of los ebanos & granjeno,

where hidden dangers rattle

dry gourd warnings, where perils

abound in glancing edges. Abandoned

on nocturnal coyote crossings,

hide faces we glimpse but

do not know,

nor do we claim.

Caminos del desierto, which

lead the ill prepared through unknown

places, remain a last

desperate option for unnamed

strangers, who as farolitos

wander until freedom

becomes but a heat mirage;

a hope extinguished,

another name

forever vanished

in a land of dry bones

scattered upon parched red earth

as sun bleached mesquite beans

found hidden beneath some

shimmering August

afternoon.

~ Elizabeth Perdomo

Introduction/Background: Crossroads, first published in Interstice,began during a long drive back to the Rio Grande Valley from a visit to South Carolina. About a month prior to this road trip, Perdomo read, The Sand Sheet,written by local South Texas author and naturalist, Mr. Arturo Longoria. On the long road homeward, she drove along the edge of the Sand Sheet in Brooks County, Texas. Although she had driven that route many times before, she was able to see and observe things in a different light, and with much greater understanding of the complex life, habitat interactions, and sometimes, the deaths which occur in this harsh, beautiful land.

Elizabeth Perdomo, born in Emporia, Kansas, raised in Winfield, has written poetry since a teen. “One Turn of Seasons,” includes her poetry and another’s photography. Recently, her poems appeared in “Kansas Time + Place,” “Interstice” and “The Chachalaca Review.” Perdomo now lives in the Rio Grande Valley of Texas.

Matthew David Manning holds degrees in creative writing from Arizona State University and Pittsburg State University. His poetry has appeared various publications including I-70 Review, Red Paint Hill, Rust + Moth, Kansas Time + Place, and Chiron Review. He recently became a father and has been enjoying his transition into high school education at Wyandotte High School in Kansas City, KS.

Editor’s response to this poem: What stood out to me the most in this poem was how busy all the objects were. They all have jobs, and the poet seemed to always be unintentionally getting in their way. Like the poet, I too have questions for the ranchlands, but maybe I’m too proud to ask.

Stowaway–by Matthew David Manning

You don’t declare Kansas.
Kansas keeps your scent
and adds your color to its blood.

Every time we go back to China,
I keep something hidden
from you and from customs.
I’ll get to our apartment in Suzhou,
open our suitcases, and release the last
breath of Kansas, our one ration.

Hair from the cats will riddle our clothes
until your mother washes them in secret.
She’s missed our surprised faces,
the sound of my voice held back,
embarrassed by limited vocabulary,
and the chance to ignore our praises
by busying herself in the kitchen.

I’d like to tell your mother how Kansas
is just like fresh laundry on the line,
it’s doing more than what you have to,
and it’s having dinner when all the wheat
in our empty and lightly salted land
leans close to the house trying to smell.

 

Matthew David Manning is an English instructor at Pittsburg State University (PSU) in the Intensive English Program. Matthew holds degrees in creative writing from Arizona State University and PSU. His poetry has appeared various publications including I-70 Review, Red Paint Hill, Rust + Moth, Kansas Time + Place, and Chiron Review. His website is at www.mattwritenow.com.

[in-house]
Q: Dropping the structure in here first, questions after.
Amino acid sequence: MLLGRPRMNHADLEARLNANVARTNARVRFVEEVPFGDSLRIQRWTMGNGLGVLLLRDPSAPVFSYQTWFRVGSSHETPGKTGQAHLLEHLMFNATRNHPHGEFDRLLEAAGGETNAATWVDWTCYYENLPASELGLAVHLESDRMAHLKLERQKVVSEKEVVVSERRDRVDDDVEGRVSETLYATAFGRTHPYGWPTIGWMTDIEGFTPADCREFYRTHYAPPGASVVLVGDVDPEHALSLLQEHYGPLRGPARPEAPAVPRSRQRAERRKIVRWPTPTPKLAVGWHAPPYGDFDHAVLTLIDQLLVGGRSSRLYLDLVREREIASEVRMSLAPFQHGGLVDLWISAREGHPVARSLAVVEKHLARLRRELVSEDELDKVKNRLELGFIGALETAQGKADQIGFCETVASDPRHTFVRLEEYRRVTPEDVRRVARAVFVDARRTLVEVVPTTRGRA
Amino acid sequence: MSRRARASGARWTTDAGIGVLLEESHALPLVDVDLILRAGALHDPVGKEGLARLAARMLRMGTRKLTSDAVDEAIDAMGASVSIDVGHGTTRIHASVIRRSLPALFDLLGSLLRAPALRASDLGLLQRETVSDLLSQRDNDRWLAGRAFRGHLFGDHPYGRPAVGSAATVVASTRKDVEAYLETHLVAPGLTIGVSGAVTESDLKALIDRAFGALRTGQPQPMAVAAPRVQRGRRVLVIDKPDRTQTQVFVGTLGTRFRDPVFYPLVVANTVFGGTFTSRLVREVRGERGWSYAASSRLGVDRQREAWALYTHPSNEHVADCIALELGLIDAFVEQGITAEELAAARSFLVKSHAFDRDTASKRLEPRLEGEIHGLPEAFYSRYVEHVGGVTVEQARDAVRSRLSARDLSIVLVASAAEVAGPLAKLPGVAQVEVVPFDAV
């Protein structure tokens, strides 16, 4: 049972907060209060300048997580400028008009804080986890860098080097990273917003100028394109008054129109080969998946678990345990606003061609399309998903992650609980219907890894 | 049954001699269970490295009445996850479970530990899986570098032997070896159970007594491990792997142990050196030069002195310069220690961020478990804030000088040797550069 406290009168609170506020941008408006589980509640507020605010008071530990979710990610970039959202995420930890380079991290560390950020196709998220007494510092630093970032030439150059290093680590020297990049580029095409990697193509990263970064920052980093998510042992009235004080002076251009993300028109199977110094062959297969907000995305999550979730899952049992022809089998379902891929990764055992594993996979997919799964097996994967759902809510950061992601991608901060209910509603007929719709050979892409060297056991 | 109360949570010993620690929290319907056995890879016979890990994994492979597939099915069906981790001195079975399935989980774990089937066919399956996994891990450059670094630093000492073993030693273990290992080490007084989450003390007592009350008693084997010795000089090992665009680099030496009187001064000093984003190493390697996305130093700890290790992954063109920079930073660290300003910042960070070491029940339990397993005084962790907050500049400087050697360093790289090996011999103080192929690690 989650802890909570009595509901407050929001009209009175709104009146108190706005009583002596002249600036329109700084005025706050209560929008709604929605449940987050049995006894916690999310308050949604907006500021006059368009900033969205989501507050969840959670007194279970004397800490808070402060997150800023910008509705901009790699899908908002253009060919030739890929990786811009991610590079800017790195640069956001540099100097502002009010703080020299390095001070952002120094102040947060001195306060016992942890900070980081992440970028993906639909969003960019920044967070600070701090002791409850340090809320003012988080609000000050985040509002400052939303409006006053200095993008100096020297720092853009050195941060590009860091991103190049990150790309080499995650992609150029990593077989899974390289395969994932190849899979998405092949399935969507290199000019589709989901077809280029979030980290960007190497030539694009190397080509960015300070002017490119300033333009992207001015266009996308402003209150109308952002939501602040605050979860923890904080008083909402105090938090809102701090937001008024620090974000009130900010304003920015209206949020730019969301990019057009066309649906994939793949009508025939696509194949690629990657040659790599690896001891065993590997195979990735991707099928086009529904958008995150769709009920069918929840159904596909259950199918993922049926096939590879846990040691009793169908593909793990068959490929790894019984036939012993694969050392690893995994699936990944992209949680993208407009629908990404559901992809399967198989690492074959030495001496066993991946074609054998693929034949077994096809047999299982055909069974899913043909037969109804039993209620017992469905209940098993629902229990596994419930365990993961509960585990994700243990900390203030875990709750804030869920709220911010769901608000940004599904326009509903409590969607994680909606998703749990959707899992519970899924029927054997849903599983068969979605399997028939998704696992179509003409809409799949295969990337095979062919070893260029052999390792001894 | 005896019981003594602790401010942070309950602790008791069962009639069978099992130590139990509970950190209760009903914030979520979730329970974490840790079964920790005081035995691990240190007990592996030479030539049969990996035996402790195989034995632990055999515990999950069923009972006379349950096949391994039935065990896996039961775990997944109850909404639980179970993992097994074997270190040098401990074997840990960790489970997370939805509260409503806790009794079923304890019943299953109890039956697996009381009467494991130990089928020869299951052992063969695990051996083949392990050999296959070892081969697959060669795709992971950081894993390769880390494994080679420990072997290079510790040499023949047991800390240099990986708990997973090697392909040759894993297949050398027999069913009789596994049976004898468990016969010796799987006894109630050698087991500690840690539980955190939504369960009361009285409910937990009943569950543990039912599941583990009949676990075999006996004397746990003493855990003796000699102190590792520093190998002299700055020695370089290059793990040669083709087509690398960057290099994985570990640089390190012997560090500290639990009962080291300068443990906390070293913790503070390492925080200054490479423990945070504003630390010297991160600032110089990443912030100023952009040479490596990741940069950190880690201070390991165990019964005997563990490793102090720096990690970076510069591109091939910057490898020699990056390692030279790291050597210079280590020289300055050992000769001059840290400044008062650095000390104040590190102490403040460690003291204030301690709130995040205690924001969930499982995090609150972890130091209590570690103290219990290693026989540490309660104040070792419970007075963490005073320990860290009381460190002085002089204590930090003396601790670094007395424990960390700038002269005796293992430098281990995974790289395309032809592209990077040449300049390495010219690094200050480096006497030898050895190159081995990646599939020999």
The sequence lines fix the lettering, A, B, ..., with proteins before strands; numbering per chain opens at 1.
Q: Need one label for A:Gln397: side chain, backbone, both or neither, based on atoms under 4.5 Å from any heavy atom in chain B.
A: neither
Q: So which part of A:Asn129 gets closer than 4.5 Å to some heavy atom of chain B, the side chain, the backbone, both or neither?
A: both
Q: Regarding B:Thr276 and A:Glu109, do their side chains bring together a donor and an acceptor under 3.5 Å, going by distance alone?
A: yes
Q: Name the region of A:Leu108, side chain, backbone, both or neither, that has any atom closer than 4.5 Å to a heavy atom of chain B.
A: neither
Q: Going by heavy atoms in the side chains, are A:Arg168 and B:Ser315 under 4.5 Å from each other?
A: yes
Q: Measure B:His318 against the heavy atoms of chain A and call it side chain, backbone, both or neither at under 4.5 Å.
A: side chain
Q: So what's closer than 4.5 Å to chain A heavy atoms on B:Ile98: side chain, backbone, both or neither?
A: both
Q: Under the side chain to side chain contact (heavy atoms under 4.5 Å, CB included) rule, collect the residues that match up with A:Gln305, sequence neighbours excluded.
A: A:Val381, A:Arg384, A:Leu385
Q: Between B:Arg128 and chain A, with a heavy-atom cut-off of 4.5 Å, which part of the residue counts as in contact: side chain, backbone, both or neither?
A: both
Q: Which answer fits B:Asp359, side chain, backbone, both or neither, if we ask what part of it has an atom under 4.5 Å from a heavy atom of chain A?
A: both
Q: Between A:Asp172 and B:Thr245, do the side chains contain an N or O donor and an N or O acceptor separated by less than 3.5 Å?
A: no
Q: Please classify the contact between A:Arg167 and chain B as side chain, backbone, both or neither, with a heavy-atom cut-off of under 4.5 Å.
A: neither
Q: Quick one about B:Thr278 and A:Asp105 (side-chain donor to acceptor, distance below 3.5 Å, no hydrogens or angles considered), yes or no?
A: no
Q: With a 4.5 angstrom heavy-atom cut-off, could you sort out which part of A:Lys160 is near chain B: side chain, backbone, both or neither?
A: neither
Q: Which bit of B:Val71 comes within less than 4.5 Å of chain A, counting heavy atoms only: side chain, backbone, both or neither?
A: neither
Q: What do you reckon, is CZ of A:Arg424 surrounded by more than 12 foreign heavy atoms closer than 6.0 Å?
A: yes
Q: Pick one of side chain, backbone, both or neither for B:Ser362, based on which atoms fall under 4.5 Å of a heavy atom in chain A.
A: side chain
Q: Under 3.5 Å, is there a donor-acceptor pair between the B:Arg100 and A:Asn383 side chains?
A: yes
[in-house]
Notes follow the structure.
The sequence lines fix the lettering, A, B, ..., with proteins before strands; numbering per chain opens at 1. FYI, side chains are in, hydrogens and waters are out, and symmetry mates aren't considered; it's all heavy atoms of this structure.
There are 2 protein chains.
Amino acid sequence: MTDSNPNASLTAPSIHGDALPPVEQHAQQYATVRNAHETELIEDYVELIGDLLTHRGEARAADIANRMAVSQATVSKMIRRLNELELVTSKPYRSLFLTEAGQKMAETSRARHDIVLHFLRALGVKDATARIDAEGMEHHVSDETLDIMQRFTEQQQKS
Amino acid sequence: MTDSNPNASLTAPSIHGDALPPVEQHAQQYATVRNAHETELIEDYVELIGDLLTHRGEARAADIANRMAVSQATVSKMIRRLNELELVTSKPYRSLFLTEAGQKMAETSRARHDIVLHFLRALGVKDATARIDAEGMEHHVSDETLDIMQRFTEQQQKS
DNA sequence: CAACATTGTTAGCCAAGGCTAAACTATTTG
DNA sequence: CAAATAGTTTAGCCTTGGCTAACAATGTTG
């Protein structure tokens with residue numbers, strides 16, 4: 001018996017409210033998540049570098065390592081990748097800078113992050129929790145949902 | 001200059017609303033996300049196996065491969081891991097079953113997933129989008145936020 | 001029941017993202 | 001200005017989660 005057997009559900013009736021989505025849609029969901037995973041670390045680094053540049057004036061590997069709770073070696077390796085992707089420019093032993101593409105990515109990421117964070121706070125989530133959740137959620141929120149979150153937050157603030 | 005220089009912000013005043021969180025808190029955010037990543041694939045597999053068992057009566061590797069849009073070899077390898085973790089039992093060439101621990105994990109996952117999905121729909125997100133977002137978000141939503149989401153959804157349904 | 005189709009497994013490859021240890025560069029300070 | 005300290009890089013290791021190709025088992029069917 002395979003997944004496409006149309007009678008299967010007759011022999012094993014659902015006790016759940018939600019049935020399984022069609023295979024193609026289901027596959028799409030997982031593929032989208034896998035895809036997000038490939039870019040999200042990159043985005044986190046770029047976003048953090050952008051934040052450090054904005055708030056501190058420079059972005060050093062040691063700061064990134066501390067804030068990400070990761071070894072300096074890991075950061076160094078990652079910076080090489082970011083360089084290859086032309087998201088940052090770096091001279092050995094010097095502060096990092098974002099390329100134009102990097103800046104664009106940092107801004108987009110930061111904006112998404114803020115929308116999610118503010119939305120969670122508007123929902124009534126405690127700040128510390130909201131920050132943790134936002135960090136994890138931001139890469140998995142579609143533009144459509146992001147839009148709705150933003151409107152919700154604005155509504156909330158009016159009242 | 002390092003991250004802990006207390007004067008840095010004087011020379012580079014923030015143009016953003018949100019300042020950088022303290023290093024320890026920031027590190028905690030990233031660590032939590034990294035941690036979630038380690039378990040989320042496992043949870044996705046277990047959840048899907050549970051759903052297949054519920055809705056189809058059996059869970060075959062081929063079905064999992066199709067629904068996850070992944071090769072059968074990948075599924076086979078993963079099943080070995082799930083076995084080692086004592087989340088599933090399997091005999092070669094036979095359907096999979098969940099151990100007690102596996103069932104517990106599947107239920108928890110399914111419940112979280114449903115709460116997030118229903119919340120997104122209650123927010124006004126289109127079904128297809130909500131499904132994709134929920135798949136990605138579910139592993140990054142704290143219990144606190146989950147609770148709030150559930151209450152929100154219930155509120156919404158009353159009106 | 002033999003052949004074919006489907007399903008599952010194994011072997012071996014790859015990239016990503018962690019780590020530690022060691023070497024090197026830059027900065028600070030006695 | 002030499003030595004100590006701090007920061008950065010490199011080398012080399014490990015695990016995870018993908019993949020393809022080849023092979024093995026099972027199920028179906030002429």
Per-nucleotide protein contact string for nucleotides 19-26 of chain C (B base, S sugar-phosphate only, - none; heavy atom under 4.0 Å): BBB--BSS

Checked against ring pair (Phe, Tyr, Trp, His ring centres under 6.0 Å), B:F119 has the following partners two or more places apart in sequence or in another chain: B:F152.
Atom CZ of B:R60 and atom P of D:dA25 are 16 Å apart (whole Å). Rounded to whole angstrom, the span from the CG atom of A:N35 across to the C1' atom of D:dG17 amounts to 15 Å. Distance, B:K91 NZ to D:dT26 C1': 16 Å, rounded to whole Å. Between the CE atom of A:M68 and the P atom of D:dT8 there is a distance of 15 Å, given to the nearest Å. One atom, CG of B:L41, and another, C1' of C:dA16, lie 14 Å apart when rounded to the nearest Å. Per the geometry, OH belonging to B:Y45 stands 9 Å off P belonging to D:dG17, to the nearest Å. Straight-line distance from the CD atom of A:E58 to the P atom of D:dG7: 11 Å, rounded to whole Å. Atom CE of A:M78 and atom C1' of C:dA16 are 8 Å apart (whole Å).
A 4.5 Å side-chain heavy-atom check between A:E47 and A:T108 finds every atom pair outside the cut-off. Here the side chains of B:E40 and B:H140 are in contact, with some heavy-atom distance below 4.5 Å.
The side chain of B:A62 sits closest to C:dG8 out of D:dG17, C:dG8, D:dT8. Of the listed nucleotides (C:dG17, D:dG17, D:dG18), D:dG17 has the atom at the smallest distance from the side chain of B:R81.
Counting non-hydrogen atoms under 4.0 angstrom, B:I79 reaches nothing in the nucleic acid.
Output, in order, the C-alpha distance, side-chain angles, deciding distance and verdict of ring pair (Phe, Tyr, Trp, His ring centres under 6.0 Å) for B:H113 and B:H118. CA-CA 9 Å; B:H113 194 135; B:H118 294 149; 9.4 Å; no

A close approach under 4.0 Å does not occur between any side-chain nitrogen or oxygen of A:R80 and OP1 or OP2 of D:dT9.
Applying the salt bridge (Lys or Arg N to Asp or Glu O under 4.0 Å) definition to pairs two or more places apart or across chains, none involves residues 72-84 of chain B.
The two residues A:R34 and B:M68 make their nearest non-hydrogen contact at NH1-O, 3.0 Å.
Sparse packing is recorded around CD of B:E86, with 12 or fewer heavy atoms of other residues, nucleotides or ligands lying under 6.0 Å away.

Guest Editor Roy J. Beckemeyer is from Wichita, Kansas. His poetry book, Music I Once Could Dance To (Coal City Press, 2014) was a 2015 Kansas Notable Book. He recently co-edited Kansas Time+Place: An Anthology of Heartland Poetry (Little Balkans Press, 2017) together with Caryn Mirriam Goldberg. That anthology collected poems that appeared on this website from 2014-2016. His latest book, Amanuensis Angel (Spartan Press, 2018) contains ekphrastic poems, inspired by a variety of artists’ depictions of angels, that “resound and sometimes subvert expectations” (Tyler Robert Sheldon), that provide “a kaleidoscope of history, art, culture, the sacred and the everyday” (Caryn Mirriam-Goldberg).

Listening to Annie Wash Dishes . by Matthew David Manning

Just behind me, my wife, Annie,Matthew Manning Photo

is washing dishes. For two days,

she made chicken soup

and now she cleans the pots,

places servings into the fridge

sniffling all the while.

Each pot pops and booms

behind the wall. There is so much

that sound hides from my eyes, though,

while she cleans them an image,

floating and invisible, teases me

this thought of her tapping

each cabinet in the kitchen

as a ritual for good luck. For New Years,

we had tang yuan because it’s round,

but my father complained

about our lack of black-eyed peas.

 

Matthew David Manning has worked as an English instructor at Pittsburg State University in the Intensive English Program. Matthew holds degrees in creative writing from Arizona State University and Pittsburg State University. His poetry has appeared various publications including I-70 Review, Red Paint Hill, Rust + Moth, Kansas Time + Place, and Chiron Review.

Guest Editor Laura Lee Washburn is the Director of Creative Writing at Pittsburg State University in Kansas, and the author of This Good Warm Place: 10th Anniversary Expanded Edition (March Street) and Watching the Contortionists (Palanquin Chapbook Prize). Her poetry has appeared in such journals as TheNewVerse.News, Cavalier Literary Couture, Carolina Quarterly, Ninth Letter, The Sun, Red Rock Review, and Valparaiso Review. Born in Virginia Beach, Virginia, she has also lived and worked in Arizona and in Missouri. She is married to the writer Roland Sodowsky and is one of the founders and the Co-President of the Board of SEK Women Helping Women.

 

 

Arrhythmia by Matthew David Manning

Matthew Manning PhotoYou have wild in your chest.

It’s angry, caged, and restless;

beating the bars hard, reminding

the damned of the damnation.

Let these bars turn to sand, I

always wanted this, but I’ve just now

got the heart to scream it.

Deep in the night, where the graves

of this Midwestern Kansas town

spread vast into its own heart

like black pollen, wood rot. Lord

of the plains, regal and wind spun,

allow a small moment of silence.

~ Matthew David Manning

previously published in http://rustandmoth.com/work/arrhythmia/

Matthew David Manning is a poet from Pittsburg, Kansas where he teaches at Pittsburg State University in the Intensive English Program. Matthew holds degrees in creative writing from Arizona State University and Pittsburg State University. Matthew is passionate about educating non-native English speakers about poetry, and recently returned from spending two years in Suzhou, China. www.mattwritenow.com

Caryn Mirriam-Goldberg, guest editor for Dec., is the 2009-13 Kansas Poet Laureate, author or editor of 19 books, and founder of Transformative Language Arts at Goddard College, where she teaches. More on her here.